Petroleum (L.petroleum, from early 15c. "petroleum, rock oil" (mid-14c. in Anglo-French), from Medieval Latin petroleum, from Latin:petra: "rock" + oleum: "oil".) is a naturally occurring, yellow-to-black liquid found in geological formations beneath the Earth's surface, which is commonly refined into various types of fuels.
Petroleum is recovered mostly through oil drilling (natural petroleum springs are rare). This comes after the studies of structural geology (at the reservoir scale), sedimentary basin analysis, reservoir characterization (mainly in terms of the porosity and permeability of geologic reservoir structures). It is refined and separated, most easily by distillation, into a large number of consumer products, from gasoline (petrol) and kerosene to asphalt and chemical reagents used to make plastics and pharmaceuticals. Petroleum is used in manufacturing a wide variety of materials, and it is estimated that the world consumes about 90 million barrels each day.
Like Wang's debut feature — the nine-hour Tie Xi Qu: West of the Tracks — Crude Oil is notable for its extreme length, running 840 minutes (14 hours). The original plan called for a 70-hour film, but Wang felt compelled to exert additional editorial control and reduced the work to its present length. The director himself came down with severe altitude sickness and left the location three days into the one-week shoot; his crew completed the remainder without him.
Crude Oil premiered (in a video installation setting) at the 2008 International Film Festival Rotterdam, where it received a "Special Mention" for "its dispassionate expose of the hardship of human labour which is the basis of economic progress." The project was commissioned by the IFFR, with additional support from the Hubert Bals Fund. It had its Asian premiere at the 2008 Hong Kong International Film Festival. Its North American premiere was at The Los Angeles Film Festival in June 2009, with screenings held in Gallery 6 at the Hammer Museum.
Peak oil, an event based on M. King Hubbert's theory, is the point in time when the maximum rate of extraction of petroleum is reached, after which it is expected to enter terminal decline. Peak oil theory is based on the observed rise, peak, fall, and depletion of aggregate production rate in oil fields over time. It is often confused with oil depletion; however, peak oil is the point of maximum production, while depletion refers to a period of falling reserves and supply.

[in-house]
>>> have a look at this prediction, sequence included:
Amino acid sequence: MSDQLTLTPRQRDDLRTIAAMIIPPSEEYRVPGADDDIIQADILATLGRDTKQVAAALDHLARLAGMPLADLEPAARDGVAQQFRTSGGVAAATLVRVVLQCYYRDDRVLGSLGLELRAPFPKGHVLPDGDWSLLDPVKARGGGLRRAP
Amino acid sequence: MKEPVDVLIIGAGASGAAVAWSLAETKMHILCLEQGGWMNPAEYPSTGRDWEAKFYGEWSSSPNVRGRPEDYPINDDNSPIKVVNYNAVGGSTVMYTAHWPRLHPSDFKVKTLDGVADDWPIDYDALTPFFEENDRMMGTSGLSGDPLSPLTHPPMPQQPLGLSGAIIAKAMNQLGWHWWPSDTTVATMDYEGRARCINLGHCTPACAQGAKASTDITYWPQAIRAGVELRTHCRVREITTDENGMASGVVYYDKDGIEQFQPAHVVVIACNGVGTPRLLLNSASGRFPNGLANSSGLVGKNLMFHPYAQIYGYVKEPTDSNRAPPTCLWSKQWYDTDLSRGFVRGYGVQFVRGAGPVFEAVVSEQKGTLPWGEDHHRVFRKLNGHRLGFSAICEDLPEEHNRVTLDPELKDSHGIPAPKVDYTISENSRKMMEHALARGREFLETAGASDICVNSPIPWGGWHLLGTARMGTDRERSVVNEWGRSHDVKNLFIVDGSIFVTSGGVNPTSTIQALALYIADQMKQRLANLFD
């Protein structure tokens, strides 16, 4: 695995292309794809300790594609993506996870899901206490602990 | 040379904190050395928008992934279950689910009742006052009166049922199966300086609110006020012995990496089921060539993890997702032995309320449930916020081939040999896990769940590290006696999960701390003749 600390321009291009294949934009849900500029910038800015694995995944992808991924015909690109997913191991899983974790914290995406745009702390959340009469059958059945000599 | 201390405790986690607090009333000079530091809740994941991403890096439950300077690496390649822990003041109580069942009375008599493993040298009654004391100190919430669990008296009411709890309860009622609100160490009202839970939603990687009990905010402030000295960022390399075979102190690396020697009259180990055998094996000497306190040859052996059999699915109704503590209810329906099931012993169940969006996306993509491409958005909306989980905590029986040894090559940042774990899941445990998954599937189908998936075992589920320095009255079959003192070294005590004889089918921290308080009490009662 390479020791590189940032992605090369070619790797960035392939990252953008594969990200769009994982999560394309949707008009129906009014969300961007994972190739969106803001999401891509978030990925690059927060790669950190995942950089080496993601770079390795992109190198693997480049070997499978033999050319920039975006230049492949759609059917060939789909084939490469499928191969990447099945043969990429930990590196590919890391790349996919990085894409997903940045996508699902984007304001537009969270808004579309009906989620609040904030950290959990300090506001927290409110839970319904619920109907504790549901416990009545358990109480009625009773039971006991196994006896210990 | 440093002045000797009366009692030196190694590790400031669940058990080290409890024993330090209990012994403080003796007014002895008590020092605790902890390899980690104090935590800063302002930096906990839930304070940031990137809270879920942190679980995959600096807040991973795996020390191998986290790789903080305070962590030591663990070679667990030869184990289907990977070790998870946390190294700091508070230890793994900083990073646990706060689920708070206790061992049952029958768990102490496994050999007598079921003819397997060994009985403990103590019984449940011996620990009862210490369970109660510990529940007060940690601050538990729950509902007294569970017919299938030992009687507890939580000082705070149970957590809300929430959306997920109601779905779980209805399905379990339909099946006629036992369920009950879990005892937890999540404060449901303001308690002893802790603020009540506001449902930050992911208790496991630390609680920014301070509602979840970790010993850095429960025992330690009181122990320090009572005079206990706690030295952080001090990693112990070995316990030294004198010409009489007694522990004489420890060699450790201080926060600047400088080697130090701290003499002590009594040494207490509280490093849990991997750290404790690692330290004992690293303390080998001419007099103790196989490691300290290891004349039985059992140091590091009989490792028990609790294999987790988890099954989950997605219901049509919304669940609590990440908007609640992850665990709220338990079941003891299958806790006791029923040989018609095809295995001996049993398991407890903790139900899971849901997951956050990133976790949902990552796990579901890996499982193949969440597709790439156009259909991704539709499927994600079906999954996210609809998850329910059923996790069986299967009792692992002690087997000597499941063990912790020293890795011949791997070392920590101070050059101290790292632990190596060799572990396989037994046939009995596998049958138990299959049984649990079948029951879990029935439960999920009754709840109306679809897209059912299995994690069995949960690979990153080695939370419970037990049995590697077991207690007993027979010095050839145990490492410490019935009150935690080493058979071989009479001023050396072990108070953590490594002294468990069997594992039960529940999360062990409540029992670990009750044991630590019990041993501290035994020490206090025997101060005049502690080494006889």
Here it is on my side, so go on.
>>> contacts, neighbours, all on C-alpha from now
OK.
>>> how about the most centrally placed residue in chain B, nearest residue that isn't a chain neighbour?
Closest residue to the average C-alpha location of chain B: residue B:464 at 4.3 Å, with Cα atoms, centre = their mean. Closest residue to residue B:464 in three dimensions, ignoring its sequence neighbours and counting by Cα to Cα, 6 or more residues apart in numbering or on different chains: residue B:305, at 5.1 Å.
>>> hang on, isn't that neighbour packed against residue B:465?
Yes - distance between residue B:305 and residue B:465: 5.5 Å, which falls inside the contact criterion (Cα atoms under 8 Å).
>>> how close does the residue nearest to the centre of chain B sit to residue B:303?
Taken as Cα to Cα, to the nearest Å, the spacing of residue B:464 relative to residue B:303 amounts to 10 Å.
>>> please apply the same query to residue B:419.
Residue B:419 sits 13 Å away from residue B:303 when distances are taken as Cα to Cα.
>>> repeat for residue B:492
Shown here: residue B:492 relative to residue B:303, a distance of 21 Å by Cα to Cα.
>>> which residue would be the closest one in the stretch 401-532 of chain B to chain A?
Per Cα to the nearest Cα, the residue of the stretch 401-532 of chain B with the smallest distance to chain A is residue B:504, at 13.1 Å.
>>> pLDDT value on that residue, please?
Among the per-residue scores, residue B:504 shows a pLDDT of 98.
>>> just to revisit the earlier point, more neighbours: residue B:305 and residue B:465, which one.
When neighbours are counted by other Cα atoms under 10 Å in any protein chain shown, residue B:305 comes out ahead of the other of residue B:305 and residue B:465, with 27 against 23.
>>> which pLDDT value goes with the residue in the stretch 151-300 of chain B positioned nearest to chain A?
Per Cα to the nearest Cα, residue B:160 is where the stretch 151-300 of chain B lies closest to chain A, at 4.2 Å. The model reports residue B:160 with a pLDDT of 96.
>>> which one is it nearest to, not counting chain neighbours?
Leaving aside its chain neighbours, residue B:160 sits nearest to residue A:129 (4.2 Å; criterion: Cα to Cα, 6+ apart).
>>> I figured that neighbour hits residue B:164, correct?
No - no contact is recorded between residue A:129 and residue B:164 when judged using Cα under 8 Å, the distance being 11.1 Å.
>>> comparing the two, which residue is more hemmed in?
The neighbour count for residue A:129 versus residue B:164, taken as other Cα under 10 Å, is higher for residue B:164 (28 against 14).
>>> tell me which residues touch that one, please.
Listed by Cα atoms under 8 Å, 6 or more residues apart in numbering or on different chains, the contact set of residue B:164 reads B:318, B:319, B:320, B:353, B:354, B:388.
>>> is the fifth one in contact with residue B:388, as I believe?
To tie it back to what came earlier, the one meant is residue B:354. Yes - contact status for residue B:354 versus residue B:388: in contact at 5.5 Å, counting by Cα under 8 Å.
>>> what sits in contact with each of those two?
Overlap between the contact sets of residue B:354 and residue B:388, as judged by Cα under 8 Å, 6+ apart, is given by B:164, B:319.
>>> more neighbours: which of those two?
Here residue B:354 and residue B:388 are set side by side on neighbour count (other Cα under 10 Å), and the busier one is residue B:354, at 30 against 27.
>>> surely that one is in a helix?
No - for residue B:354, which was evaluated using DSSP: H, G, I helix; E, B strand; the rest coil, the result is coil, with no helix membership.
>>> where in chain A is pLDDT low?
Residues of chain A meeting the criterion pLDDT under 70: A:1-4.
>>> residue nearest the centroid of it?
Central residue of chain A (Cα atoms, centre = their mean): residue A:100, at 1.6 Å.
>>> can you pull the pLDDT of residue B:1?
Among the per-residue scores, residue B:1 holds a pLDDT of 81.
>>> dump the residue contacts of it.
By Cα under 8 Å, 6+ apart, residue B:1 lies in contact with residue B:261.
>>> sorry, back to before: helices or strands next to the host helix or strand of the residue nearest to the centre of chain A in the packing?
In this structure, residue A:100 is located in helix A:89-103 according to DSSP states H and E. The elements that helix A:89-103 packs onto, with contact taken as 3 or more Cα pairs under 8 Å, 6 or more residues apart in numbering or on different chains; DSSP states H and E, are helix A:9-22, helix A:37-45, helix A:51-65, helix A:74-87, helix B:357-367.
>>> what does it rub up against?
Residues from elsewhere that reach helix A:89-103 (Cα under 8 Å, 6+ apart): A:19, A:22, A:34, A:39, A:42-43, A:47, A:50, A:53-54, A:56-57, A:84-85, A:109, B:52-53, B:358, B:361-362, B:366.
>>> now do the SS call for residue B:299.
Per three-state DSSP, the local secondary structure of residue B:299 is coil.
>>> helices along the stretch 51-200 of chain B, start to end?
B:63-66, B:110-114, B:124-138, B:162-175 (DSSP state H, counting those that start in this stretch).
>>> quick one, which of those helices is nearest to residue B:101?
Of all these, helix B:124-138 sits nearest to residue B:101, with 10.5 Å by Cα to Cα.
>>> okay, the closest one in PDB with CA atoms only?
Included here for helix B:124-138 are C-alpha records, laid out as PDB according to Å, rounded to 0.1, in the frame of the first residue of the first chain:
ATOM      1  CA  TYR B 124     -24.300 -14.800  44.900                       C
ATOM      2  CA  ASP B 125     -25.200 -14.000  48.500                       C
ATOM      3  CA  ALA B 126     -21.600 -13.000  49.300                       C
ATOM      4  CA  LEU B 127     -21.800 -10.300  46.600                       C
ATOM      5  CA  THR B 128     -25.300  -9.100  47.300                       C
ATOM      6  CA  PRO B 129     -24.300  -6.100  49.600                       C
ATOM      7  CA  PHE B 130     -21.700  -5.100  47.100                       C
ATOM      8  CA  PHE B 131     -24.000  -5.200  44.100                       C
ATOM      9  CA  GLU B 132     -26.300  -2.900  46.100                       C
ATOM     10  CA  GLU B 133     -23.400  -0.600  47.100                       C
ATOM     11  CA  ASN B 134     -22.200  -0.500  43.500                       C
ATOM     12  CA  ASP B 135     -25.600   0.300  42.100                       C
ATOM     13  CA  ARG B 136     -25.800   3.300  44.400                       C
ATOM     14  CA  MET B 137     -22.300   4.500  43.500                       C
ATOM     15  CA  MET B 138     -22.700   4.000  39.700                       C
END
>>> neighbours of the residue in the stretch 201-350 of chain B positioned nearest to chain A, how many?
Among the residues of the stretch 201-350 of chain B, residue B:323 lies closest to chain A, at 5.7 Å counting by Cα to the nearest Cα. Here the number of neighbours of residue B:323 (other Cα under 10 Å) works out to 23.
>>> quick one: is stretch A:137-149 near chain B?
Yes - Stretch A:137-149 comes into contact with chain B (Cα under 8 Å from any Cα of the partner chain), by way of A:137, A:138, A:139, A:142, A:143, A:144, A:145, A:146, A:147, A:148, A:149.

Oil production forecasts on which predictions of peak oil are based are often made within a range which includes optimistic (higher production) and pessimistic (lower production) scenarios. Optimistic estimations of peak production forecast the global decline will begin after 2020, and assume major investments in alternatives will occur before a crisis, without requiring major changes in the lifestyle of heavily oil-consuming nations. Pessimistic predictions of future oil production made after 2007 stated either that the peak had already occurred, that oil production was on the cusp of the peak, or that it would occur shortly.
The extraction of petroleum is the process by which usable petroleum is extracted and removed from the earth.
Locating the oil field
Geologists use seismic surveys to search for geological structures that may form oil reservoirs. The "classic" method includes making an underground explosion nearby and observing the seismic response that provides information about the geological structures under the ground . However, "passive" methods that extract information from naturally-occurring seismic waves are also known.
Other instruments such as gravimeters and magnetometers are also sometimes used in the search for petroleum. Extracting crude oil normally starts with drilling wells into the underground reservoir. When an oil well has been tapped, a geologist (known on the rig as the "mudlogger") will note its presence. Such a "mudlogger" is known to be sitting on the rig. Historically, in the USA, some oil fields existed where the oil rose naturally to the surface, but most of these fields have long since been used up, except in certain places in Alaska. Often many wells (called multilateral wells) are drilled into the same reservoir, to ensure that the extraction rate will be economically viable. Also, some wells (secondary wells) may be used to pump water, steam, acids or various gas mixtures into the reservoir to raise or maintain the reservoir pressure, and so maintain an economic extraction rate.